Hundreds of thousands of black and minority ethnic employees in the UK could be at risk of racist treatment and discrimination at work, trade unions have warned.
A new report published by the Trades Union Congress (TUC) found that two in five BME workers – which is an umbrella term referring to black and non-white ethnic minority individuals – have faced racism at work in the last five years.
Staff said that discrimination ranges from racist bullying and harassment to more “hidden” racism like jokes, stereotypes or being treated differently at work.
The TUC has called on Government ministers to change the law so employers are more responsible for protecting employees and preventing workplace racism.
The TUC commissioned researchers at Number Cruncher Politics to poll 1,750 BME workers in the UK and conduct focus group interviews to shine a light on the scale of racism across Britain.
With 3.9 million BME employees across the nation, the TUC said there could be hundreds of thousands of workers facing discrimination that goes unreported or unaddressed.
More than half of people surveyed who were aged between 24 and 34 said they have faced racism at work in the last five years – rising to 58% of 18 to 24-year-olds.
Racist jokes or “banter”, and people using stereotypes or commenting on their appearance, affected more than a quarter of the respondents.
And one in five people said they have been bullied or harassed at work, and the same amount have had racist remarks directed at them or made in their presence.
The vast majority of people who have been subject to harassment have not told their employer, the TUC said.
This is largely because of fears of not being taken seriously or concerns about how it will affect working relationships with colleagues.
The TUC’s general secretary, Frances O’Grady, said: “This report lifts the lid on racism in UK workplaces.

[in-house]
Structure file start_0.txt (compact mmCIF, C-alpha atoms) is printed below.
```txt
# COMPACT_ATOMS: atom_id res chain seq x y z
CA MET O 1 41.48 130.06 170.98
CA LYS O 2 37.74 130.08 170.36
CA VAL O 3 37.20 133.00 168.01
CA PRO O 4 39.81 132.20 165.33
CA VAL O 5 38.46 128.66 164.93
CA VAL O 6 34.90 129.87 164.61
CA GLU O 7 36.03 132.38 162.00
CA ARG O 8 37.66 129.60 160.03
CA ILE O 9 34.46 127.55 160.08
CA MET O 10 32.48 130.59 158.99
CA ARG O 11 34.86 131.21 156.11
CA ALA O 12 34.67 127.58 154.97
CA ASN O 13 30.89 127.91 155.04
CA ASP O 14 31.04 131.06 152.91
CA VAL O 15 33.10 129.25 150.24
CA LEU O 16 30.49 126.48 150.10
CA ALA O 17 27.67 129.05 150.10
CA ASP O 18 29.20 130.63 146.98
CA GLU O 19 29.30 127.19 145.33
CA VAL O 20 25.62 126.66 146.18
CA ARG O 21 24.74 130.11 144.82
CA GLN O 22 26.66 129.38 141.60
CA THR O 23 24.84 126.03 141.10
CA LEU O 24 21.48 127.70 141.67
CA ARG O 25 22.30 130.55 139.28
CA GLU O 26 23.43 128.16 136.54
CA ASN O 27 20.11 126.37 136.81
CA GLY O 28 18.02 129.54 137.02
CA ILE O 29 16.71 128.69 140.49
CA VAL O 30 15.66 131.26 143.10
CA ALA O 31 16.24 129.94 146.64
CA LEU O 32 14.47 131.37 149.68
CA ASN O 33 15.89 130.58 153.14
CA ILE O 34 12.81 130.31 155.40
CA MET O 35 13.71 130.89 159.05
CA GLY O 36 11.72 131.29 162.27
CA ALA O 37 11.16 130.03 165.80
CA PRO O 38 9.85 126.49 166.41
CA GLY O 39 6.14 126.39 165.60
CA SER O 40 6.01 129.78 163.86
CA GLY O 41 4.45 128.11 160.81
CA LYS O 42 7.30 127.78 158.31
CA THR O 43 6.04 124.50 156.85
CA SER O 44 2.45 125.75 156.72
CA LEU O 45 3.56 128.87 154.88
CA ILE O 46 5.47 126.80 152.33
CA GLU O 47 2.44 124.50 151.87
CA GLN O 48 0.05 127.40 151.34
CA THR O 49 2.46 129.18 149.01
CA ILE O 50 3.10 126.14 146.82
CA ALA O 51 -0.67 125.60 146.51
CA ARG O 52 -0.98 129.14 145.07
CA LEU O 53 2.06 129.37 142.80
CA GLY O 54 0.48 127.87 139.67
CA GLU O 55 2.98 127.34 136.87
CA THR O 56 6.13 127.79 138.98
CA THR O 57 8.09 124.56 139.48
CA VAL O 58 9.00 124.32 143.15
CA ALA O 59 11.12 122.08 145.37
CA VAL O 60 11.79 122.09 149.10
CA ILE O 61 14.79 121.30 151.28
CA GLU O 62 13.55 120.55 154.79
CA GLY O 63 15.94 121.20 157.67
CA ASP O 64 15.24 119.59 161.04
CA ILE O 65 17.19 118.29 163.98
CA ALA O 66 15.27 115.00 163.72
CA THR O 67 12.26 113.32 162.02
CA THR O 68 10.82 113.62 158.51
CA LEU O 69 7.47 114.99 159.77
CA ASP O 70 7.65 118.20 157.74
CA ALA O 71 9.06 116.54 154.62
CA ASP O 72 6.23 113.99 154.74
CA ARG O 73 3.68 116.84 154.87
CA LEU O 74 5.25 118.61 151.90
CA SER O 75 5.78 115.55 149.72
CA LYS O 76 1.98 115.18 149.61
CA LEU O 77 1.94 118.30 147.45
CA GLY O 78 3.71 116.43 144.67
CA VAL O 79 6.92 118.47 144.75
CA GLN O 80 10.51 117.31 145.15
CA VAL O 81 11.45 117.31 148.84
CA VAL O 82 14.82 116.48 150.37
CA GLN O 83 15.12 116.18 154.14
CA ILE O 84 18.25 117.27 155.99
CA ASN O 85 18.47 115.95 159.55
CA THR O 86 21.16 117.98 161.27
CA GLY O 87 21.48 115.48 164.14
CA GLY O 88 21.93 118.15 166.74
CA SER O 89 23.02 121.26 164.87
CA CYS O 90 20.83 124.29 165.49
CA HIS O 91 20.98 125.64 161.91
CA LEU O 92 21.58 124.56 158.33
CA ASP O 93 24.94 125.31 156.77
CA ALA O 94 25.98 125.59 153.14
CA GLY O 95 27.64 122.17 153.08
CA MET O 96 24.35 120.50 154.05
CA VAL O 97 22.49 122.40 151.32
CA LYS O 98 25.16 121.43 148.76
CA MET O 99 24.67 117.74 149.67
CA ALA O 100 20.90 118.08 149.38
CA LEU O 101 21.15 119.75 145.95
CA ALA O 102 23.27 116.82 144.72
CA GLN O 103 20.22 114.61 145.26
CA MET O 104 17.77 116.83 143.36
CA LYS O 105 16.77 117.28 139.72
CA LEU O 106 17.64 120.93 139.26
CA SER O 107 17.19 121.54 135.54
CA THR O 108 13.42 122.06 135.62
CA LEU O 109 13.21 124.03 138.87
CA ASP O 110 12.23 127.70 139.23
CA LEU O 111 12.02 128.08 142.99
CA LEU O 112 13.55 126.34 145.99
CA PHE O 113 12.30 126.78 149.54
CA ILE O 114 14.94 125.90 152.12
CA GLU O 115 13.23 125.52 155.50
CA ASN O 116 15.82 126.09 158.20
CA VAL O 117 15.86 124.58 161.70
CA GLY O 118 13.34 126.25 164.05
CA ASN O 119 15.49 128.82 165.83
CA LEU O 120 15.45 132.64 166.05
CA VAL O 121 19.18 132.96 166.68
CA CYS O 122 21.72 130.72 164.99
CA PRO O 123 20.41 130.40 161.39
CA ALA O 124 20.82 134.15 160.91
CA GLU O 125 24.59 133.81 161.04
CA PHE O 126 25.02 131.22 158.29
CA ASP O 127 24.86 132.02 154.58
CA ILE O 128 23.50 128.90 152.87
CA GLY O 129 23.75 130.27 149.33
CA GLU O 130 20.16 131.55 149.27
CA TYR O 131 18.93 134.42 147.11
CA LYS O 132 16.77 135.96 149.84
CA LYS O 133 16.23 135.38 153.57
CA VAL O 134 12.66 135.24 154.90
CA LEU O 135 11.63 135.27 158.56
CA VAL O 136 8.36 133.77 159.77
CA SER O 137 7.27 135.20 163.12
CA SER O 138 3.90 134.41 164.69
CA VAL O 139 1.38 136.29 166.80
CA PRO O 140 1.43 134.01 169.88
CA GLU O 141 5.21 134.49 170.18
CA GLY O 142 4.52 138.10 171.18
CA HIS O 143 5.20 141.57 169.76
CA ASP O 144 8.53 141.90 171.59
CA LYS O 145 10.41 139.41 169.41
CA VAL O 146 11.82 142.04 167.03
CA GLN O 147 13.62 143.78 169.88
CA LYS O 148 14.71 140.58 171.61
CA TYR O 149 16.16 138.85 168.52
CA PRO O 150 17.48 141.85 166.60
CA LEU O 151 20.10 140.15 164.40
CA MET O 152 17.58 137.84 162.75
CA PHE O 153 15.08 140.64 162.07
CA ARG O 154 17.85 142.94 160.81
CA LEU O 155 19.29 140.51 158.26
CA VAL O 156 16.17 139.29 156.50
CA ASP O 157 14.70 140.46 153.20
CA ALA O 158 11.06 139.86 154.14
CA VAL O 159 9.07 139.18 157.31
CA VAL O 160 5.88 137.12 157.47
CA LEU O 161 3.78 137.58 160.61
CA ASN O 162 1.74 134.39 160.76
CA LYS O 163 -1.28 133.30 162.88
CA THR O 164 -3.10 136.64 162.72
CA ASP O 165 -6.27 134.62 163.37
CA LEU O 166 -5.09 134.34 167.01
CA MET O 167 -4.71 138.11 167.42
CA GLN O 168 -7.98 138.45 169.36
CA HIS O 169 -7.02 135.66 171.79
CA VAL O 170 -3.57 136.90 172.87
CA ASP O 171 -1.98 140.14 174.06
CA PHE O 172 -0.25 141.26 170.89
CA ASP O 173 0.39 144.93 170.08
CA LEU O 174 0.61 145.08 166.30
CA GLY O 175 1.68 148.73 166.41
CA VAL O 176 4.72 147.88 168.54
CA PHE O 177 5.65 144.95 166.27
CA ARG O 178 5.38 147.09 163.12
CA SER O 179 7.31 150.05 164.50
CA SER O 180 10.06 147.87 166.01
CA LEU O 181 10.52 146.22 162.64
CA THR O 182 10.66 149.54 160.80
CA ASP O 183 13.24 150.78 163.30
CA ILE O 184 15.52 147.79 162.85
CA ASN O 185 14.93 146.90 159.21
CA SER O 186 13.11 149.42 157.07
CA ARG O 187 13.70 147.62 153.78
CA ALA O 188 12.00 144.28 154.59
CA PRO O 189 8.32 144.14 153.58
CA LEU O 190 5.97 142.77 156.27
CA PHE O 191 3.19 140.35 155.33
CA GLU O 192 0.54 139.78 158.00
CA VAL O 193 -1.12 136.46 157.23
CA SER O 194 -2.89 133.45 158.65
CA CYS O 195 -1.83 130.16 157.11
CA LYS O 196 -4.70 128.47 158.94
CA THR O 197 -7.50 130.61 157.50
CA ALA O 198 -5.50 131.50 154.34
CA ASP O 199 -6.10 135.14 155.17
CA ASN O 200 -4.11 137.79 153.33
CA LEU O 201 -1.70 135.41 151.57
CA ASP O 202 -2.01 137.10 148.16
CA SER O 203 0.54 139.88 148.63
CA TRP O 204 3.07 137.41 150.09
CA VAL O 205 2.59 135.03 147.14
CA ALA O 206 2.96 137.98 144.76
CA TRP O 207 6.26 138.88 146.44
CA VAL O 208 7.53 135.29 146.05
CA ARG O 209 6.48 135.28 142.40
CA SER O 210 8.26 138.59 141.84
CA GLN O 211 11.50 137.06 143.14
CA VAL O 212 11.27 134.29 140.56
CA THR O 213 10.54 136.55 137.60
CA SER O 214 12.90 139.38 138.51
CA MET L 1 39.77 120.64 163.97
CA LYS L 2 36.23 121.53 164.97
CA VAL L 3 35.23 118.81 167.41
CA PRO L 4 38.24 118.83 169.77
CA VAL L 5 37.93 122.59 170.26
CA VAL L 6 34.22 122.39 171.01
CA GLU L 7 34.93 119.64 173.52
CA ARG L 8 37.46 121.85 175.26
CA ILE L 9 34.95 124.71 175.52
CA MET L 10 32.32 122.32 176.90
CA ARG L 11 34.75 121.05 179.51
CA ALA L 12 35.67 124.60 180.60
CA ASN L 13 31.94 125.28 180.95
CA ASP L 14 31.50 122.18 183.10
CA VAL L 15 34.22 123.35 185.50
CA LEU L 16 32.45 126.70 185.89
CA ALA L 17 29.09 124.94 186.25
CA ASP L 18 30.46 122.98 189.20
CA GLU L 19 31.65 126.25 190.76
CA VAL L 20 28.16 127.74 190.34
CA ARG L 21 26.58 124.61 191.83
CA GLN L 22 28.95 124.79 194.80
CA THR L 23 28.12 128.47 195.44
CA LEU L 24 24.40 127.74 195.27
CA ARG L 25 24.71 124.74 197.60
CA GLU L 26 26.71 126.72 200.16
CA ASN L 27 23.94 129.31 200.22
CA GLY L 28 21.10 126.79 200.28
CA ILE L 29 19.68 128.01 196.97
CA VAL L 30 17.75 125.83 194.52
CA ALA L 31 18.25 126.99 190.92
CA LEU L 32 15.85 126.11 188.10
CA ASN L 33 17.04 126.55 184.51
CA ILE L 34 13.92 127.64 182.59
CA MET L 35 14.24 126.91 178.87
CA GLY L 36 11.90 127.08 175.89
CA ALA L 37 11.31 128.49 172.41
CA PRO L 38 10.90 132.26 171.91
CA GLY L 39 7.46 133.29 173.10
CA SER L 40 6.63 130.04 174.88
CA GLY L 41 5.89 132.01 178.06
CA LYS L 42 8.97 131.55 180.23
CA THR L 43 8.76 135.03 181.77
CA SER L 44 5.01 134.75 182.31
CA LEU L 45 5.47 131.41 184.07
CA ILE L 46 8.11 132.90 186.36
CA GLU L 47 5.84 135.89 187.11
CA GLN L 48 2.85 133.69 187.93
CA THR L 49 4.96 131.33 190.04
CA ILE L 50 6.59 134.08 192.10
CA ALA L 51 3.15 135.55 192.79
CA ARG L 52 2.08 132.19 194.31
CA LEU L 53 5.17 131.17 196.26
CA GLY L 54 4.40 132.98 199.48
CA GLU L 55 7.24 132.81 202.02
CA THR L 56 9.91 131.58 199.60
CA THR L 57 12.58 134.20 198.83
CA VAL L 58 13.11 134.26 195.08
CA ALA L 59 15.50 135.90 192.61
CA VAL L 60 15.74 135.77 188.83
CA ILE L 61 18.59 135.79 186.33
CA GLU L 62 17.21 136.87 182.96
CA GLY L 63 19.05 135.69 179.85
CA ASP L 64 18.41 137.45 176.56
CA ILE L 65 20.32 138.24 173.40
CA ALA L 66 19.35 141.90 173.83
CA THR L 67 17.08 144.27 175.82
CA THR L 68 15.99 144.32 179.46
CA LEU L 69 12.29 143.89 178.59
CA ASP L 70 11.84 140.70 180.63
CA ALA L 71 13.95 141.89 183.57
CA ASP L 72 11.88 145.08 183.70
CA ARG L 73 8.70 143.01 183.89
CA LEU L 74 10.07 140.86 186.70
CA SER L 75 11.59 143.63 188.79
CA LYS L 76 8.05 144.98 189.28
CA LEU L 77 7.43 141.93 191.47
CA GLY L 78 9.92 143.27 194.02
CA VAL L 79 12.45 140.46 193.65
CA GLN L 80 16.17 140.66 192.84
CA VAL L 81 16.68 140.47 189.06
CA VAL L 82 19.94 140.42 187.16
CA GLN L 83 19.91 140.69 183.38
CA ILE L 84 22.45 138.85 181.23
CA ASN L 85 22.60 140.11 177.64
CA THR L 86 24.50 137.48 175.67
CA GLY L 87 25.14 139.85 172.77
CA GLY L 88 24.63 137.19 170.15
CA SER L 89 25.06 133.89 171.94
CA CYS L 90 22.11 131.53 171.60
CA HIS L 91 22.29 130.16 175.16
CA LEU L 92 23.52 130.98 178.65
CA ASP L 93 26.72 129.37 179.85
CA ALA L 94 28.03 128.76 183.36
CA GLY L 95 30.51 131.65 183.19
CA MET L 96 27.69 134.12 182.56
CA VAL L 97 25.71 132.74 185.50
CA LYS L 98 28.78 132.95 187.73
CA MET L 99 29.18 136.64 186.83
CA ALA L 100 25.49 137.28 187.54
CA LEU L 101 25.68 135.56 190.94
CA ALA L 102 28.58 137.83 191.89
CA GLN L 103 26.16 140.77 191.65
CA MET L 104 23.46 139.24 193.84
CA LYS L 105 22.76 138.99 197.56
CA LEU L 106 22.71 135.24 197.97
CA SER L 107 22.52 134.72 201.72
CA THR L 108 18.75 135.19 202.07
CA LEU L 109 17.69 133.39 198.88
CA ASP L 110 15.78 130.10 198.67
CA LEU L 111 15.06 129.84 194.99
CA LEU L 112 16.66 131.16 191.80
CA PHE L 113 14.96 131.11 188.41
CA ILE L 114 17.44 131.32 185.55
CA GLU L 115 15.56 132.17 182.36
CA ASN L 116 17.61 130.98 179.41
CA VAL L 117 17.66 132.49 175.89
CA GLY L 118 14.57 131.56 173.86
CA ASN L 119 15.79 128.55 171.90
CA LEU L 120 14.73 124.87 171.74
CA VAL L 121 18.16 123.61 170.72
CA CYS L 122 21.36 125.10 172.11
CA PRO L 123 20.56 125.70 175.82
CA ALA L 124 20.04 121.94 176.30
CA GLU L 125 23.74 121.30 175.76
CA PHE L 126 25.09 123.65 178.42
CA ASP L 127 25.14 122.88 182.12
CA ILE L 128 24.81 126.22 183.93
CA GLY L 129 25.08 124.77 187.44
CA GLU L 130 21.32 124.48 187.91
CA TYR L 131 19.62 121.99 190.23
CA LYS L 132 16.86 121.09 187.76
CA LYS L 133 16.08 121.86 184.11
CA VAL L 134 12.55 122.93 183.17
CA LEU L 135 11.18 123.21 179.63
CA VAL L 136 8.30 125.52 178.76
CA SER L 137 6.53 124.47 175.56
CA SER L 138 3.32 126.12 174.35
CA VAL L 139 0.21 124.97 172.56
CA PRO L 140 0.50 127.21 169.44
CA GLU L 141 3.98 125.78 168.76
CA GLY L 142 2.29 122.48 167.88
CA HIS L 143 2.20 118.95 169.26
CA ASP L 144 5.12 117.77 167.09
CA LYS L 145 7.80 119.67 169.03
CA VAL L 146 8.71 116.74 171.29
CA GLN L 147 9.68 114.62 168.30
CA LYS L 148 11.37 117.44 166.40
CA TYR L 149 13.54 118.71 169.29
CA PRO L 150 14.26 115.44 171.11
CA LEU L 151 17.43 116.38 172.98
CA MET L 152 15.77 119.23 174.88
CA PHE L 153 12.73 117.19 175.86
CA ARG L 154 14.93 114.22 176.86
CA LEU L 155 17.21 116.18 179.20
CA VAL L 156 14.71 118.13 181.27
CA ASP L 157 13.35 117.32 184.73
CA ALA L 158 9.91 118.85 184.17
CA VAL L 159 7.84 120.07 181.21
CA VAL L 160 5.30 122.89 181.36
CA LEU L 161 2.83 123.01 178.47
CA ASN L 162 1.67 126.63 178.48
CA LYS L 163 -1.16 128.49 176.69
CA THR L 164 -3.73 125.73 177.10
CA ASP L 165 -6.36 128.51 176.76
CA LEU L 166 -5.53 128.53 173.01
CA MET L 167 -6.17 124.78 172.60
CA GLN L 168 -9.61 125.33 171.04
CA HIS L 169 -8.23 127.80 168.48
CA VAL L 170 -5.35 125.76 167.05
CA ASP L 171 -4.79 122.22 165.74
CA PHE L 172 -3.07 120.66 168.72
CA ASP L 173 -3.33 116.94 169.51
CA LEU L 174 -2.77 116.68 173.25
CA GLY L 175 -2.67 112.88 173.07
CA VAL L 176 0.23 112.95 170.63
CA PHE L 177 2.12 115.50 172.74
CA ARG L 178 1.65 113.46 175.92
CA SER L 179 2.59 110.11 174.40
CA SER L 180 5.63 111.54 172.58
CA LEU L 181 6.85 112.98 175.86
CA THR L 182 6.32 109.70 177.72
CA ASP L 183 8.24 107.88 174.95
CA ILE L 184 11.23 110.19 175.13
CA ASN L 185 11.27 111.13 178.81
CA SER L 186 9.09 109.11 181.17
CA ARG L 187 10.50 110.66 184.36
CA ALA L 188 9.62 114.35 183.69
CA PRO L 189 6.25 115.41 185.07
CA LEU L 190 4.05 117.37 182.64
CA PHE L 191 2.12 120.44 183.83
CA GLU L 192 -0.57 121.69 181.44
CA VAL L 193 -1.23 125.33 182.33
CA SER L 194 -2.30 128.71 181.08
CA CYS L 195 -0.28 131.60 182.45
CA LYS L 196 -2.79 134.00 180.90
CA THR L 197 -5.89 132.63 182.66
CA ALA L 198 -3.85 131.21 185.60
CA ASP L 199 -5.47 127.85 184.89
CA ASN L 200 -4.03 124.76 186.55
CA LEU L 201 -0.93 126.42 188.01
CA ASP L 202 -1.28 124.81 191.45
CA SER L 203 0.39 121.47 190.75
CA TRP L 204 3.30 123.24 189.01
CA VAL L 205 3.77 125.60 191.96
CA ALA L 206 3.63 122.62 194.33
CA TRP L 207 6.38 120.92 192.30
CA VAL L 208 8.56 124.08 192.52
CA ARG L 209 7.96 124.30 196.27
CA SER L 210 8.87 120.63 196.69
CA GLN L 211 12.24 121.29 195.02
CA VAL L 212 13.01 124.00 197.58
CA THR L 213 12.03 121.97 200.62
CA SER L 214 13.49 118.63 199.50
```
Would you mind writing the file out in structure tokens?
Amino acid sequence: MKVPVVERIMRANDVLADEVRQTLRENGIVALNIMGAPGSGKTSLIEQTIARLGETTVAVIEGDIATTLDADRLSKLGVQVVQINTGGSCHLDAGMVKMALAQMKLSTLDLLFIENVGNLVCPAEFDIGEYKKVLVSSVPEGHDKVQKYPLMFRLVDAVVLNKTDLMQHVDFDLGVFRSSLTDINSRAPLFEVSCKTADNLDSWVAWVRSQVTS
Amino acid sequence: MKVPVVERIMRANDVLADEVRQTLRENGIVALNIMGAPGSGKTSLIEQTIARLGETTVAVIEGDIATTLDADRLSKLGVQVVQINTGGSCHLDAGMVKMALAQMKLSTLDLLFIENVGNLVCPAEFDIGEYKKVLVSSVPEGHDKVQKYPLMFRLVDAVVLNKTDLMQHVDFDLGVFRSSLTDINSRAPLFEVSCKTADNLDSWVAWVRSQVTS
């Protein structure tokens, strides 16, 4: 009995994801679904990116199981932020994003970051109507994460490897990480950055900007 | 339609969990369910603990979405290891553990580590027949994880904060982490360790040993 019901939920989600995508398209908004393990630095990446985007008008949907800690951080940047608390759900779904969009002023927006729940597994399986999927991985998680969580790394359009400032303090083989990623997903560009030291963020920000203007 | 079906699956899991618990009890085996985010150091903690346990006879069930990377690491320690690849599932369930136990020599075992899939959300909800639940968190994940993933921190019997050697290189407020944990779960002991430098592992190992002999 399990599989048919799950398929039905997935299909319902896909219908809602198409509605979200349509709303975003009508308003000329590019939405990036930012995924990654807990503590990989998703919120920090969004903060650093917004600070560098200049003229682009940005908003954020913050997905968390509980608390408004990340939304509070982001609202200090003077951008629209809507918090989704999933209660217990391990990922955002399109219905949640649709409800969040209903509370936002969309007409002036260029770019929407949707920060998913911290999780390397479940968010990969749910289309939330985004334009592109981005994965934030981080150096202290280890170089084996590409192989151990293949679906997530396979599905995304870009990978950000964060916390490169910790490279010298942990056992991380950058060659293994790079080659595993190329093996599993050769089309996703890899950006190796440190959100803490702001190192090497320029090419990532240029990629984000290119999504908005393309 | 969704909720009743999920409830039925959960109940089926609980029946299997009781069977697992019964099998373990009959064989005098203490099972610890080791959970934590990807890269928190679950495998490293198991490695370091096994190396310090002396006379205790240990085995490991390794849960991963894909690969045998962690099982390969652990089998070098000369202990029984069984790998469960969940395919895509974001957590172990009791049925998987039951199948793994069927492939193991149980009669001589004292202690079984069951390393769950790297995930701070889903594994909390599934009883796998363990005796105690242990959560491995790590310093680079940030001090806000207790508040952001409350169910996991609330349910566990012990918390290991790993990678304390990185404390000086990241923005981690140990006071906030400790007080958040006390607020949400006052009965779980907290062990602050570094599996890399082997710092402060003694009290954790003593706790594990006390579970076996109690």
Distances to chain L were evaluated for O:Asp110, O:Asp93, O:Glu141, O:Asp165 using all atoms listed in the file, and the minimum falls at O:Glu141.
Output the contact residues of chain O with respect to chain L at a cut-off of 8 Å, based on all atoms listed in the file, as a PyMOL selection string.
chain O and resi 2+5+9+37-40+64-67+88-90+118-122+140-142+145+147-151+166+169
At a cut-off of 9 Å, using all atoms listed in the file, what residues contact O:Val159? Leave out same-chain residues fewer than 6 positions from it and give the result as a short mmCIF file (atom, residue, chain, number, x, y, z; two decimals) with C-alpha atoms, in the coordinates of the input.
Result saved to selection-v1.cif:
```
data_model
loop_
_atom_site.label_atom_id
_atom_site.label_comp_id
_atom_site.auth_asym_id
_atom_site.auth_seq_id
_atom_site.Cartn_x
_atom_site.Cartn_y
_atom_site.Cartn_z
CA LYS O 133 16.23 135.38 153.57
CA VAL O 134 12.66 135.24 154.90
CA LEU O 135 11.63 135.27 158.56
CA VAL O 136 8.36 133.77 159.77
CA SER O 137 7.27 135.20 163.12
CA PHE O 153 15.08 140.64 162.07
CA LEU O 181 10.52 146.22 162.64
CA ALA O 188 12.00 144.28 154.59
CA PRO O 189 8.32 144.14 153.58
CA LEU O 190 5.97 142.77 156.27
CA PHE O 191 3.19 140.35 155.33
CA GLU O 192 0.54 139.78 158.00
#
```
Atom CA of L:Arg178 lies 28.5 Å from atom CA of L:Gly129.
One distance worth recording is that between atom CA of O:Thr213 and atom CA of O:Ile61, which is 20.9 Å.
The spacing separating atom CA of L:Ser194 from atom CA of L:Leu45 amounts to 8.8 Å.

“It shines a light on the enormous scale of structural and institutional discrimination BME workers face.
“Many told us they experienced racist bullying, harassment – and worse. And alarmingly, the vast majority did not report this to their employer.
“Others said ‘hidden’ institutional racism affected their day-to-day working life, from not getting training and promotion opportunities to being given less popular shifts and holidays.
“It’s disgraceful that in 2022 racism still determines who gets hired, trained, promoted – and who gets demoted and dismissed.
“This report must be a wake-up call. Ministers need to change the law so that employers are responsible for protecting their workers and preventing racism at work.
“And employers must be clear they have a zero-tolerance policy towards racism – and that they will support all staff who raise concerns about racism or who are subjected to racial abuse.”
The TUC added that improving workers’ rights would help to alleviate the issue because BME workers are significantly more likely to experience insecure and poor-quality work – such as by banning zero-hours contracts.
Furthermore, compulsory ethnicity pay gap reporting should be introduced alongside action plans from employers to close their pay gaps, the TUC said.
Mary, a black Caribbean lecturer from the South West of England – and whose name has been changed for anonymity – told the TUC that she had experienced racist abuse from members of staff and students, but when she reported incidents to management it was shrugged off as being a consequence of living in a predominately white area.
Meanwhile, a British-Bangladeshi supermarket worker in north-west England said he suffered systemic racism by being treated differently from other colleagues – being given unrealistic tasks without any support.
A Government spokesman said: “Our Inclusive Britain Action Plan sets out plans to build a fairer and more inclusive society, including promoting fairness in the workplace and action to tackle the ethnicity pay gap.”